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GP practice asks patients to stop making staff cry

by Anna Colivicchi
8 January 2024

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A GP practice in Cumbria has appealed to its patients after ‘an increase in abuse’ and ‘inappropriate behaviour’ brought staff to tears.

The Workington GP Practice, which looks after 33,500 patients across several sites, said it is ‘hugely concerned’ about the welfare of its staff and is ‘afraid it will lose good team members’ if the levels of abuse and threats continue to increase.

In a statement, the practice said: ‘Sadly, we are seeing an increase in abuse and inappropriate behaviour towards our staff from a small minority of patients.

‘We have a high level of tolerance and understanding but over recent weeks we have had a number of our front line team members who have been upset and brought to tears due to the actions of patients who are raising their voice, shouting, swearing, making rude gestures or showing abusive behaviour.’

The practice also said staff have seen an increase in abusive behaviour on social media, adding: ‘Our staff see these comments and they are as hurtful and unacceptable as if they were said face to face.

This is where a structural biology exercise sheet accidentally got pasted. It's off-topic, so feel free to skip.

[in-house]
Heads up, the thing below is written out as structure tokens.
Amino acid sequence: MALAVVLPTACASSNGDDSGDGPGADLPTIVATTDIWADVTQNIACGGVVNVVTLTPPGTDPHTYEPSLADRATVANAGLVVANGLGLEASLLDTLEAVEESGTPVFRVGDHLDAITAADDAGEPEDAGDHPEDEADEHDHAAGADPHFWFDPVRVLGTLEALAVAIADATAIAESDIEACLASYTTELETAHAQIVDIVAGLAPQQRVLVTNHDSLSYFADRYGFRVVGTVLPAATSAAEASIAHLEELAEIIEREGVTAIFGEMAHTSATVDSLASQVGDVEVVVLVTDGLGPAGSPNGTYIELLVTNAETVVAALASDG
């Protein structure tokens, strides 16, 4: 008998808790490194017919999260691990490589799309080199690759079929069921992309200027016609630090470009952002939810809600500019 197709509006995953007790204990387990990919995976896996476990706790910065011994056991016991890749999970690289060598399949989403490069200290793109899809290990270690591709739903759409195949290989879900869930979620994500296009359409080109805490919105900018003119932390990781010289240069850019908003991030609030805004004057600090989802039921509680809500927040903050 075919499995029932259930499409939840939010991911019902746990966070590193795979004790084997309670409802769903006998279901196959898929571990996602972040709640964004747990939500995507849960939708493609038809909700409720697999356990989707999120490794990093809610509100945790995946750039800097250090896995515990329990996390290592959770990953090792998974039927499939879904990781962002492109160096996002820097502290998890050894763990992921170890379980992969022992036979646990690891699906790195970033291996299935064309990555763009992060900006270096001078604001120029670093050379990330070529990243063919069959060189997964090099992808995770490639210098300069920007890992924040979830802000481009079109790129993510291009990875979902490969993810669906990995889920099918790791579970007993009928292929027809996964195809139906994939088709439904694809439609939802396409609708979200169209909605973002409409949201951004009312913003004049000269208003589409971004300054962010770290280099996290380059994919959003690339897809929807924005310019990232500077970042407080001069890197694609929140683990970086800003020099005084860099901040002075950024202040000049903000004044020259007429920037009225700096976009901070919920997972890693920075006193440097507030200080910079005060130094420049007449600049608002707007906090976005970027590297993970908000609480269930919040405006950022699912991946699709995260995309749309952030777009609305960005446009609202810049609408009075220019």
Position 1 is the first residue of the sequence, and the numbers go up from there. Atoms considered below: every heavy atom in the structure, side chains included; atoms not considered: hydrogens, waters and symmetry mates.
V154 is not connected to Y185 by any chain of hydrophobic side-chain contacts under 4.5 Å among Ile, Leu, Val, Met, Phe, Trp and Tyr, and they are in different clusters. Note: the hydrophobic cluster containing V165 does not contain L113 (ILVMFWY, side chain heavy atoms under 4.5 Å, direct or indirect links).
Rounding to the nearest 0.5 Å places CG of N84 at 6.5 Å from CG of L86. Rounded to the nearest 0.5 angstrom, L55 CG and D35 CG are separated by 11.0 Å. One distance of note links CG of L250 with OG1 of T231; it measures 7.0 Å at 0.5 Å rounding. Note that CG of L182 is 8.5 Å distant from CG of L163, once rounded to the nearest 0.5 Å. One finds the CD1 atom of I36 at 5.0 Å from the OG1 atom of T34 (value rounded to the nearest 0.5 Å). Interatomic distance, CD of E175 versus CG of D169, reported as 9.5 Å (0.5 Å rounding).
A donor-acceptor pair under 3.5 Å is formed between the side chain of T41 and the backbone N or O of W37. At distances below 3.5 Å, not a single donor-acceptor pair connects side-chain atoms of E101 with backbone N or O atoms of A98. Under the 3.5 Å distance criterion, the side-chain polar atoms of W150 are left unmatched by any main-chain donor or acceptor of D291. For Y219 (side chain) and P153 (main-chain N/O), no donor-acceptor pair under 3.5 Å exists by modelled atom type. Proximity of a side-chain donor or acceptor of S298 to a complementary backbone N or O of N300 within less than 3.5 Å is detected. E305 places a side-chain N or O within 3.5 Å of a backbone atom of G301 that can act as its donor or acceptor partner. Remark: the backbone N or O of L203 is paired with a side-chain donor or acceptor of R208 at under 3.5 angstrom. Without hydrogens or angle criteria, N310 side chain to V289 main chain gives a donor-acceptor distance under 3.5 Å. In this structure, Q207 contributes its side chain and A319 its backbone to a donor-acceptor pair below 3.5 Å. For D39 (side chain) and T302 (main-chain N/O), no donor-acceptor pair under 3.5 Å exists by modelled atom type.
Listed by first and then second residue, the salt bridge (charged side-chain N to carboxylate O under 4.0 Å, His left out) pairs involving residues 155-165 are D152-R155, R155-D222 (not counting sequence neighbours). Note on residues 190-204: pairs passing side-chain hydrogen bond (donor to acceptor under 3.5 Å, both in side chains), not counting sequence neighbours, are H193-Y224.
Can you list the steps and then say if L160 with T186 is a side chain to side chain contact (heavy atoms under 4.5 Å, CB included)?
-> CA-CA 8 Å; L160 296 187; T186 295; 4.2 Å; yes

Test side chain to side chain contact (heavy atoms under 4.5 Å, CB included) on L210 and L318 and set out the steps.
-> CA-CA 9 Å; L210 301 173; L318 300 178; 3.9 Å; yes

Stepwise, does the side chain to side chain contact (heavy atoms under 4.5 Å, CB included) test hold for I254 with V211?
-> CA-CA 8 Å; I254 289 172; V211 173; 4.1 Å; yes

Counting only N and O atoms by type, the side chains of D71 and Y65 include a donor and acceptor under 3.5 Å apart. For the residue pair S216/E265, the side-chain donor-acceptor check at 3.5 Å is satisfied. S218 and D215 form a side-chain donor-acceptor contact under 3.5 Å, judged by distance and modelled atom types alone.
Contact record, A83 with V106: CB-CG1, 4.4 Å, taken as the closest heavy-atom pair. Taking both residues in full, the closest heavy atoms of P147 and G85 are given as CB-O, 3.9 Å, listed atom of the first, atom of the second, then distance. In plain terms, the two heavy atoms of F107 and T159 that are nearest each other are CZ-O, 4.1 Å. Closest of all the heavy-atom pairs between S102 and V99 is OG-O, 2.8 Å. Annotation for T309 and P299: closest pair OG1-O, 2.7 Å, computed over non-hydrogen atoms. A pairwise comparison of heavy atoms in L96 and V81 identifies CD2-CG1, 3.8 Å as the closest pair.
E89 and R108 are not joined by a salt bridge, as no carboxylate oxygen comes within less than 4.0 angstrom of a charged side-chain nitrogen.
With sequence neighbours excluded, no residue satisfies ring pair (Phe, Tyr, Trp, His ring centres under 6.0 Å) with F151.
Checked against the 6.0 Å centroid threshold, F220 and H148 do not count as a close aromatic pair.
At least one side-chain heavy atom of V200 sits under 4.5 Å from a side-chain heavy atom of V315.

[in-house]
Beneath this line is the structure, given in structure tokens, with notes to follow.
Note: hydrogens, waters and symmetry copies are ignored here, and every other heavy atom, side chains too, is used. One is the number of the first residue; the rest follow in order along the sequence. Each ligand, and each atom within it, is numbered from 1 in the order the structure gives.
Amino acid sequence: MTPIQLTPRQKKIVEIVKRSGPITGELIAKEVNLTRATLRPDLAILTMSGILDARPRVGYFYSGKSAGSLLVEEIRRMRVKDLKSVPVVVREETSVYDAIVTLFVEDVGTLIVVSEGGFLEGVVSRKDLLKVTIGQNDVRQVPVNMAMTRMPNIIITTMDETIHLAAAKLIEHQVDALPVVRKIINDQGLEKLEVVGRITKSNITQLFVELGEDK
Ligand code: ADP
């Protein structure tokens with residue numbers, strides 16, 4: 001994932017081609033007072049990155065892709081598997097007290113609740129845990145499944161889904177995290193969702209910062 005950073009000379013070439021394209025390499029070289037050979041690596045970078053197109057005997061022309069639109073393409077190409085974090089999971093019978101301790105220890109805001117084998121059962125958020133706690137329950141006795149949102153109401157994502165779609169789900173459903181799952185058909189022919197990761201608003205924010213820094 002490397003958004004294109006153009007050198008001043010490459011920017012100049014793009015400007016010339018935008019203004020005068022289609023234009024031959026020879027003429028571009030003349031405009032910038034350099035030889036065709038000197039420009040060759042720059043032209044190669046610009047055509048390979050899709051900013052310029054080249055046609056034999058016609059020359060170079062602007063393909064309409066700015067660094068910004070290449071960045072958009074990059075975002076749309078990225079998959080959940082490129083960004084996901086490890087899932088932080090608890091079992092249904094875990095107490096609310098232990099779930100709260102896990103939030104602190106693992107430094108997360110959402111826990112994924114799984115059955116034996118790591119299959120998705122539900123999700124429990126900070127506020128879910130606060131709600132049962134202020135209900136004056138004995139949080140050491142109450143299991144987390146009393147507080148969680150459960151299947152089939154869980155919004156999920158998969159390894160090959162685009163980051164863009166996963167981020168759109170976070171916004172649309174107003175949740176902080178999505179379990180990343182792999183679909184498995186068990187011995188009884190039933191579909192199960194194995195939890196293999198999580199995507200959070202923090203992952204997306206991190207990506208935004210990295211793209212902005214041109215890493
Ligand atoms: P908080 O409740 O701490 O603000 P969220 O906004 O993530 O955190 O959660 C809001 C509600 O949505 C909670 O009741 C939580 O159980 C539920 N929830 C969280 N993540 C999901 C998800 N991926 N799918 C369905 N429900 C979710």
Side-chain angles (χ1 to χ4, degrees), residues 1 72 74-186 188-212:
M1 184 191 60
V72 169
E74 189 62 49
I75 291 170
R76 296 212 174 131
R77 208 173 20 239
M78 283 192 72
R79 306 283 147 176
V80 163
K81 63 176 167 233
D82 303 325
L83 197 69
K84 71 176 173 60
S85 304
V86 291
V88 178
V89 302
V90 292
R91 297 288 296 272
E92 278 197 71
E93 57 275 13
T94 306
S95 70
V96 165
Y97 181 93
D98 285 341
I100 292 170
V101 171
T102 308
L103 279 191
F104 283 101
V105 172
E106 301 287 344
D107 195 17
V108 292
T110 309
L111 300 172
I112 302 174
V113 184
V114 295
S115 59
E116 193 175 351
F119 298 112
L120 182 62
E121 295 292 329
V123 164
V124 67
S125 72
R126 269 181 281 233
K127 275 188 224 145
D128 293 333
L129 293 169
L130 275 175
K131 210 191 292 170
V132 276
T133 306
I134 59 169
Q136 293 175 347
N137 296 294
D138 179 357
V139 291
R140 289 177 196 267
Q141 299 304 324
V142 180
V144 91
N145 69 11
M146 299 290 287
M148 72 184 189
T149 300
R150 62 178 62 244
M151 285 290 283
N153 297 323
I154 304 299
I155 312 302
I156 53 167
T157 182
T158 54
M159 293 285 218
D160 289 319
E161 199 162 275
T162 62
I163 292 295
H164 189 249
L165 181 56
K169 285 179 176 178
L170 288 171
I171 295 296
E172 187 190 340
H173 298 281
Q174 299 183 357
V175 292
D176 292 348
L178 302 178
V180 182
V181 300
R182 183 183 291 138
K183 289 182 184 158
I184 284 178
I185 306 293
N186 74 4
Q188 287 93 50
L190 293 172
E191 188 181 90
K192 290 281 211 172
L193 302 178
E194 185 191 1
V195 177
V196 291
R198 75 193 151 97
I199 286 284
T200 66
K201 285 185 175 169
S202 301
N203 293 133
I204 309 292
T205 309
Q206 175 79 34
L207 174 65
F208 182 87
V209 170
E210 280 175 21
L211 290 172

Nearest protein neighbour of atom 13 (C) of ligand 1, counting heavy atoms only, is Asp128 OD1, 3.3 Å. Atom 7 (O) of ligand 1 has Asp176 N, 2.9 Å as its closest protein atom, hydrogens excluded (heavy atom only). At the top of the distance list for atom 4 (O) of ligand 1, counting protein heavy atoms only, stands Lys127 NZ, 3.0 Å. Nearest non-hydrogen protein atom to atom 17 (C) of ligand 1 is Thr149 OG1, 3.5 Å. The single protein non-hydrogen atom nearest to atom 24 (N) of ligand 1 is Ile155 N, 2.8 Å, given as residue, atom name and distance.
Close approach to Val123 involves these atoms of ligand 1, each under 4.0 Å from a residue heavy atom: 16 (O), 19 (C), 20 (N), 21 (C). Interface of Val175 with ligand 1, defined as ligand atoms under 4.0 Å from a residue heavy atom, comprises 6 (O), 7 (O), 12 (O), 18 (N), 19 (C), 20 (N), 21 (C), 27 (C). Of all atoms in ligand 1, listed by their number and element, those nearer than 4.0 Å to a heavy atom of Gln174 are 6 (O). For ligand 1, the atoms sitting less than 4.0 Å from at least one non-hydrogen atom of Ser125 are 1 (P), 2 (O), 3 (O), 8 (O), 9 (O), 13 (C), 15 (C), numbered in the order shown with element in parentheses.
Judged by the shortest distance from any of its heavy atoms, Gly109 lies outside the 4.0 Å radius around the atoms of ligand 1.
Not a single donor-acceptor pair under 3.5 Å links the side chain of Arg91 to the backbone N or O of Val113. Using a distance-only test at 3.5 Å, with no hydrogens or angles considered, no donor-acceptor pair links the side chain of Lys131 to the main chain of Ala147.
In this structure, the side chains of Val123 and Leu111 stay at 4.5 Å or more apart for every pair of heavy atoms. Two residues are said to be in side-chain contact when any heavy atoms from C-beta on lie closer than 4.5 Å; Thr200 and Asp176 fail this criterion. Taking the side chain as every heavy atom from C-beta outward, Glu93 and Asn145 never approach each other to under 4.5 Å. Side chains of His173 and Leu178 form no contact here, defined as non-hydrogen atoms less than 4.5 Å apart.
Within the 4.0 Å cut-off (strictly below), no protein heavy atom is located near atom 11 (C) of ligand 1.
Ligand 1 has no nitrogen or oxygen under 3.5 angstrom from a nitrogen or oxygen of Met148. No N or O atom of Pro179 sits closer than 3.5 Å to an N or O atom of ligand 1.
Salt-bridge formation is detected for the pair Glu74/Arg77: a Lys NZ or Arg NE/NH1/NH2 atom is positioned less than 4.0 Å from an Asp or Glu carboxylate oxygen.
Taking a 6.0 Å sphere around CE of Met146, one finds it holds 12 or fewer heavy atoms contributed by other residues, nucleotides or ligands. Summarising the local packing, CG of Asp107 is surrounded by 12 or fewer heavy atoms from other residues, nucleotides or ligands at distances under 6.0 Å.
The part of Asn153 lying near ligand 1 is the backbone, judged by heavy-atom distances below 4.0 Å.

‘This kind of behaviour could result in a warning and a repeat of that behaviour will result in the possibility of the patient being removed from our practice list.

‘Any threats or physical violence will result in immediate removal from our list and the police will be called.’

The practice added that the reception team deal with over 1500 calls on some days and lines can be busy but that it is moving to a total triage system from 10 January in a bid to improve access.

The statement said: ‘We know things are frustrating with the system as a whole and hope that our new way of working from 10 January will improve our patients’ experience. Thank you for your continued support for our team.’

Last month, a UK-wide survey of more than 2,000 doctors – of which 617 were GPs – found that 85% of GPs have reported receiving verbal abuse from patients within the last 12 months.

And GPs were encouraged to identify abusive or violent patients who may benefit from a rehabilitation programme.

A version of this story was first published on our sister title Pulse